Officials at West Georgia College contend that the federal government cannot use the threat of a federal funds cutoff to force them to provide a sign-language interpreter for a deaf student. Their reason: None of the college's $2 million in federal aid goes directly to the program in which the student wants to enroll.
At the University of California at San Francisco, a clerical worker and part-time poet was turned down for a typing job because she is unable to speak. She complained to the U.S. Education Department's Office for Civil Rights but was told the office had no grounds on which to investigate her complaint.
In Perryville, Ariz., a prison guard was fired because of his hearing impairment. Later he was told by the Education Department that although the prison received some federal money to educate prisoners, as a guard he was not in close enough contact with federally aided prisoners to justify a government investigation of his complaint.
Civil rights organizations cite these examples as proof that the Reagan administration has used a 1984 Supreme Court ruling, Grove City v. Bell, to restrict its enforcement of antidiscrimination laws.
In earlier days, the federal government might have investigated each of these cases of alleged discrimination and used its two-decades-old enforcement tool -- the threat of a federal funds cutoff -- to force a change. The government used the flow of federal funds into those institutions -- for any purpose -- as grounds to enter such cases.
That all changed when the Supreme Court ruled that only the specific program or activity getting federal assistance was covered by federal civil rights laws. But the justices said unanimously that institutions with students receiving federal aid are obligated to some extent to comply with civil rights statutes.
That decision, involving Grove City College in Pennsylvania, set a tough new standard that significantly curtailed the coverage of federal civil rights laws. Since that ruling, the Education Department has halted at least 61 investigations of discrimination because the link between federal funds and programs in which the alleged discrimination occurred was weak.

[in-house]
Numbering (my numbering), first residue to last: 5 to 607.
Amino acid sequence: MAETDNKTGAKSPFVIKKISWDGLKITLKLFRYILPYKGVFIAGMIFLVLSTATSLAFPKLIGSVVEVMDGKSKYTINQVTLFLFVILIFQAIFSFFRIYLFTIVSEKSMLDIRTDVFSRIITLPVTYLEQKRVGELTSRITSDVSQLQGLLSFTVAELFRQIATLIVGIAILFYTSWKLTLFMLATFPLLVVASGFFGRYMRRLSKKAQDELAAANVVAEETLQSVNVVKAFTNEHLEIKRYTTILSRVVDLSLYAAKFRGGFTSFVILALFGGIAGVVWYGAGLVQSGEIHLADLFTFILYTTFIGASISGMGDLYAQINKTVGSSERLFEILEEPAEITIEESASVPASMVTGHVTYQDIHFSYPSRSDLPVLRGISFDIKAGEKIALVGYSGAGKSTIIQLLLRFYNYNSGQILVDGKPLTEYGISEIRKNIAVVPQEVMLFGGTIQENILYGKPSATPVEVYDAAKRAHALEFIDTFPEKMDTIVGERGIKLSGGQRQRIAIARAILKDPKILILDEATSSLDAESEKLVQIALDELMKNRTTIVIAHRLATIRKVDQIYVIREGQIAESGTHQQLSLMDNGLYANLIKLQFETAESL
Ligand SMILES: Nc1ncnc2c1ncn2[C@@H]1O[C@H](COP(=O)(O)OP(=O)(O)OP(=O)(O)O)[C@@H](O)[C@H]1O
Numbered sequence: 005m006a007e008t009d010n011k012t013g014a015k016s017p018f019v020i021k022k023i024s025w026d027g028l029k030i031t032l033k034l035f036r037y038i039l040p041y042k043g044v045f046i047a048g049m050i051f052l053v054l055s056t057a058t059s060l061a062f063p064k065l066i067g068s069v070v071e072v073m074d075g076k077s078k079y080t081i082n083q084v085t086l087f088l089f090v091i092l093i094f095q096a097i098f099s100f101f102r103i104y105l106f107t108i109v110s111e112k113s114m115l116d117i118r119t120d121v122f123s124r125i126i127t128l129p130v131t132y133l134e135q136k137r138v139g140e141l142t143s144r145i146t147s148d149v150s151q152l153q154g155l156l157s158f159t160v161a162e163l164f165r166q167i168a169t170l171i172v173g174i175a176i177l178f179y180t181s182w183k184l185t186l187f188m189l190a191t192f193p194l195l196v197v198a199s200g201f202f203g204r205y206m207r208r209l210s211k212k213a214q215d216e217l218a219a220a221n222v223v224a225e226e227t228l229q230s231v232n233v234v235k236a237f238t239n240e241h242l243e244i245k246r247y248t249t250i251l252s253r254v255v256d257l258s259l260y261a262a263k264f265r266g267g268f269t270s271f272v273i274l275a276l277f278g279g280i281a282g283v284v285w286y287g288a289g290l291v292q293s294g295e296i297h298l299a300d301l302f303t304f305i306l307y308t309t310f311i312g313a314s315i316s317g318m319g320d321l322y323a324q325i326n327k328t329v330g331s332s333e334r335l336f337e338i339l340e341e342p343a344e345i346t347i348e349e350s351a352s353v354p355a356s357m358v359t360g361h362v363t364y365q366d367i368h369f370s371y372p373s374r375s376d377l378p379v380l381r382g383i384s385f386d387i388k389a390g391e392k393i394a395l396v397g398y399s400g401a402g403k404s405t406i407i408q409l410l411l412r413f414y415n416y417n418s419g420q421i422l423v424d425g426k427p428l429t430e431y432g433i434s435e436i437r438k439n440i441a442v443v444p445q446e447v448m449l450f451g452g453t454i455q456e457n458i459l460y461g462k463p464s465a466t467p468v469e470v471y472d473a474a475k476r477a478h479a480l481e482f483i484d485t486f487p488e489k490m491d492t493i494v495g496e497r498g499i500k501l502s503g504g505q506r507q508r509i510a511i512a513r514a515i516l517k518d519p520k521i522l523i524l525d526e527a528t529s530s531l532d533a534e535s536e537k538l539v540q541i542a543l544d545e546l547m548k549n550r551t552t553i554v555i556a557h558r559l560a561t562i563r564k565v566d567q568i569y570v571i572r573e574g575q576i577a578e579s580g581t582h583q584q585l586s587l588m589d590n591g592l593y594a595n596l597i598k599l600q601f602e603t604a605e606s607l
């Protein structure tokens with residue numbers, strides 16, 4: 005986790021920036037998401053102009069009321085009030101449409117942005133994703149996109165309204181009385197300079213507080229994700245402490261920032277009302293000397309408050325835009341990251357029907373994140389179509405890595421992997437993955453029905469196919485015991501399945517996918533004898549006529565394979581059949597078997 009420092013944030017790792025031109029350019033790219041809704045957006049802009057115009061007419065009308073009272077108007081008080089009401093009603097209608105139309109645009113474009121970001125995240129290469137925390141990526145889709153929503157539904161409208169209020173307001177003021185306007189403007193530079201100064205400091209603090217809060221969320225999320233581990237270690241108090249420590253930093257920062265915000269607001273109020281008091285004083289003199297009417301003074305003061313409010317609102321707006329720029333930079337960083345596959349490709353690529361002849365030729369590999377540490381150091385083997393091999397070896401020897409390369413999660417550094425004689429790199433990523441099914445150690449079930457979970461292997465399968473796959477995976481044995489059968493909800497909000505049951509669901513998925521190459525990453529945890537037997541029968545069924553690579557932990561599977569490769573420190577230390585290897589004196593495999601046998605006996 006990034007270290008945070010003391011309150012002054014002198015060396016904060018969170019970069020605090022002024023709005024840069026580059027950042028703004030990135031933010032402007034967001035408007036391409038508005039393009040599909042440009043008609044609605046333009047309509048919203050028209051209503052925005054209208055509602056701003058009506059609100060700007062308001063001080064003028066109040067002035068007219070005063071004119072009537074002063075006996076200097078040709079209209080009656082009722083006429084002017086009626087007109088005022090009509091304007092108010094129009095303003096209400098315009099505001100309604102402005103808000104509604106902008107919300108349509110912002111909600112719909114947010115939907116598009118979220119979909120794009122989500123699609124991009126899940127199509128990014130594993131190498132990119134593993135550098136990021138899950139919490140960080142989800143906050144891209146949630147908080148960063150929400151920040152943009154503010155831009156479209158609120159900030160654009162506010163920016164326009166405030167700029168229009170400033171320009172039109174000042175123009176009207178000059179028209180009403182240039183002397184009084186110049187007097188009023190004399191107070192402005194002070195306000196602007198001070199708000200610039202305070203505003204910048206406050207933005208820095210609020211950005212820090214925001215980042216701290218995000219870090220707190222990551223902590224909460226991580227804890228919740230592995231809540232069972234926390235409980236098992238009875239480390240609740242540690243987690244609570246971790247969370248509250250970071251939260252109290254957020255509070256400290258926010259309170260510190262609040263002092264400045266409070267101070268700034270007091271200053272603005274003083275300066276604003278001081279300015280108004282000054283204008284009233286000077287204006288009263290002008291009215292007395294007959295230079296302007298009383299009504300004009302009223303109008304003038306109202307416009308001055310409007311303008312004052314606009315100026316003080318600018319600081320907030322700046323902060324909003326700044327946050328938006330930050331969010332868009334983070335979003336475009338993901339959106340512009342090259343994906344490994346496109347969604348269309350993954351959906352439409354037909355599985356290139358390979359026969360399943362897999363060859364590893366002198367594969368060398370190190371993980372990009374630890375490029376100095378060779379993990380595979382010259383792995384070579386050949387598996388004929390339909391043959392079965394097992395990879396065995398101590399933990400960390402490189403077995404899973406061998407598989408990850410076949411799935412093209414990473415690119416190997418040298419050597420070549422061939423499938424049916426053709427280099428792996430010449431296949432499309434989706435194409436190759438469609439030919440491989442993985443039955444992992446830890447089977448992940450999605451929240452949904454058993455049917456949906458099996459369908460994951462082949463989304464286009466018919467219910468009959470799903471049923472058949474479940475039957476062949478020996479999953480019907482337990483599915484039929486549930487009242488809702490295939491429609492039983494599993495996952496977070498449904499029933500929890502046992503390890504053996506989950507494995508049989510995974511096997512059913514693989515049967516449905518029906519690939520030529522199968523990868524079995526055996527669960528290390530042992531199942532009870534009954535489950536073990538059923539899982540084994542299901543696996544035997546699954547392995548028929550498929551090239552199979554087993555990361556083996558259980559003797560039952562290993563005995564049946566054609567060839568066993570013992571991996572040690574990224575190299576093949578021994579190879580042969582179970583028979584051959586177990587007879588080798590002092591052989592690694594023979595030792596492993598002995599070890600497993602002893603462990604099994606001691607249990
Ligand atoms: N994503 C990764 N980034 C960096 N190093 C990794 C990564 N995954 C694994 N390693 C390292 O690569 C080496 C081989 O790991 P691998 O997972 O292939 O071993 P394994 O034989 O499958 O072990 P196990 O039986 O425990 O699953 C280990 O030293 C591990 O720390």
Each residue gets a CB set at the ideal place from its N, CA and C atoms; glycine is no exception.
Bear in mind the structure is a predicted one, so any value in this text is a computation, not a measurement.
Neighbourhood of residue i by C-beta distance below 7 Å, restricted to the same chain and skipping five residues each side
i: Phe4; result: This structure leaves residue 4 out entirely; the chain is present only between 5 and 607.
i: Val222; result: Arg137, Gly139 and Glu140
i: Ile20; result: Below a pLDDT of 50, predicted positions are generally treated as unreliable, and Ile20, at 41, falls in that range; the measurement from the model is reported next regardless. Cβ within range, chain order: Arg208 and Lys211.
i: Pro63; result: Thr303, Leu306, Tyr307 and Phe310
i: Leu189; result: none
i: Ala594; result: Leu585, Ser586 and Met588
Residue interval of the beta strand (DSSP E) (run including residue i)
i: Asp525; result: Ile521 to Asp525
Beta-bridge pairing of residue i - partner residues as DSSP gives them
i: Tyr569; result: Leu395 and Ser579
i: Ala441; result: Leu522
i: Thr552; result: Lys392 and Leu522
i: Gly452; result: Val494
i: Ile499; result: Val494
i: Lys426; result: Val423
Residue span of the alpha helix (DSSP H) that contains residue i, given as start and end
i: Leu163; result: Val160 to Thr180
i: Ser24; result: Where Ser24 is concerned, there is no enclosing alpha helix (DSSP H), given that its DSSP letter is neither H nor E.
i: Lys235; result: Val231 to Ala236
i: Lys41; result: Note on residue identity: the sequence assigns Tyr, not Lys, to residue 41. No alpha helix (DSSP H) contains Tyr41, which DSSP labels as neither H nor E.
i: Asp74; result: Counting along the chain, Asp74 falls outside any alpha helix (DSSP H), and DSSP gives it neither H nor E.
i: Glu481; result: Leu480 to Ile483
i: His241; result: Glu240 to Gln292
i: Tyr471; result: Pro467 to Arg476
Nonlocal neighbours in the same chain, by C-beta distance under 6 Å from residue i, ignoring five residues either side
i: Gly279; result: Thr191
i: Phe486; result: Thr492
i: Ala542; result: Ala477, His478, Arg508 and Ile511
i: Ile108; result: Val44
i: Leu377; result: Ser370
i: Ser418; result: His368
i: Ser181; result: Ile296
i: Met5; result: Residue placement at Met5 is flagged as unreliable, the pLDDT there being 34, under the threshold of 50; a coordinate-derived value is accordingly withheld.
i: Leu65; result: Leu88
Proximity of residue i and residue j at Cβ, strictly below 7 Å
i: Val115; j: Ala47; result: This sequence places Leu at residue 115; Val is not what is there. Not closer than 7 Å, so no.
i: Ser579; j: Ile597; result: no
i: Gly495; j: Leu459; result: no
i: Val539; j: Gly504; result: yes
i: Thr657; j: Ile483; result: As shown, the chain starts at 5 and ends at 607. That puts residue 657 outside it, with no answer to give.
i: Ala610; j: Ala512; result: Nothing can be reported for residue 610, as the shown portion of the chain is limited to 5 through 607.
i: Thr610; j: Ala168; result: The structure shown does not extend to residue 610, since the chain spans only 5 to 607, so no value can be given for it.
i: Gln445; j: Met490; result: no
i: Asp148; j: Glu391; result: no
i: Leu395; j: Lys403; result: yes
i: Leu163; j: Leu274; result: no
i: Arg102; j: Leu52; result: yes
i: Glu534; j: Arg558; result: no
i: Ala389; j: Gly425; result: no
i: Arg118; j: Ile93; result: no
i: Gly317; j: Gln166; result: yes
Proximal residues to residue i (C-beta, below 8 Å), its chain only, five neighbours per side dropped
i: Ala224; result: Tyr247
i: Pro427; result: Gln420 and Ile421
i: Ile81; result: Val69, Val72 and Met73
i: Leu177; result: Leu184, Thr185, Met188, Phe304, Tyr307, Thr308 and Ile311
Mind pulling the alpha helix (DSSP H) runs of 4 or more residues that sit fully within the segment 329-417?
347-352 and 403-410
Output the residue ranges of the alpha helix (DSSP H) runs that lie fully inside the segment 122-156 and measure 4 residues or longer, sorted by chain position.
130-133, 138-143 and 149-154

"Almost certainly, these 61 suspended complaints represent only the tip of the iceberg," said Rep. Claudine Schneider (R-R.I.), who cited a list of the cases at a hearing last week. "This list is to me conclusive proof that our worst fears are becoming true."
Harry M. Singleton, assistant secretary of education for civil rights, testified that Schneider's figures were essentially accurate, but said the cases had been put on hold while Congress considers legislation to restore the coverage of civil rights laws to its pre-Grove City levels.
In other cases where the Education Department has launched investigations, it has often resorted to legal contortions -- or lengthy detective work -- to establish a connection between an institution's federal funds and the alleged discrimination.
For example, the department decided that it could investigate a case of alleged sex discrimination against female athletes at Laney College in Oakland, Calif., even though the school's athletics department received no federal funds. A government lawyer had discovered that a portion of a $4 million construction grant had been used a decade ago to build a campus gymnasium.
And at the University of California at Berkeley, the department entered another case of alleged discrimination against female athletes when it discovered a thin link -- $19,000 in federal money went to pay four students on work-study grants for jobs in the athletics department.
But at California's Victor Valley Community College, an investigation into possible sex discrimination in athletics was discontinued because of a lack of a federal-funding connection.
Some civil rights lawyers who monitor the Education Department's civil rights effort said the difference between the Victor Valley case -- where no federal-funding link was found -- and the other two California cases shows that the department's enforcement effort has been "haphazard" since the Grove City College ruling.
A number of groups, including the Women's Equity Action League and the American Association of University Women, sued the Education Department last year, accusing the department of applying the Grove City decision "inconsistently around the country," said Margaret Kohn, a lawyer with the National Women's Law Center.
Documents from the Education Department investigations after the Grove City College ruling indicate widespread confusion surrounding the new restrictions on the coverage of civil rights laws.
The case of the San Francisco clerical worker/poet is illustrative. The woman, who is unable to speak because of a physical handicap, was working in the university's poetry center when she saw an advertisement for a typist in a "Poets-in-the-Schools" program.
The announcement made no mention of telephone answering as a part of the job, so the woman thought she was qualified because of her experience typing for the poetry center. But after applying, she was told that speaking was required.
She complained to the Office for Civil Rights, which decided it lacked authority to investigate her charges. Later, Timothy Spofford, a regional attorney in San Francisco, wrote:
"It is my opinion that under Grove City we do not have jursidiction to investigate this complaint. My opinion would be altered if only we were able to establish that the recipient's Humanities Building, in which the California "Poet-in-the-Schools" program maintains its office, was built with Education Department monies."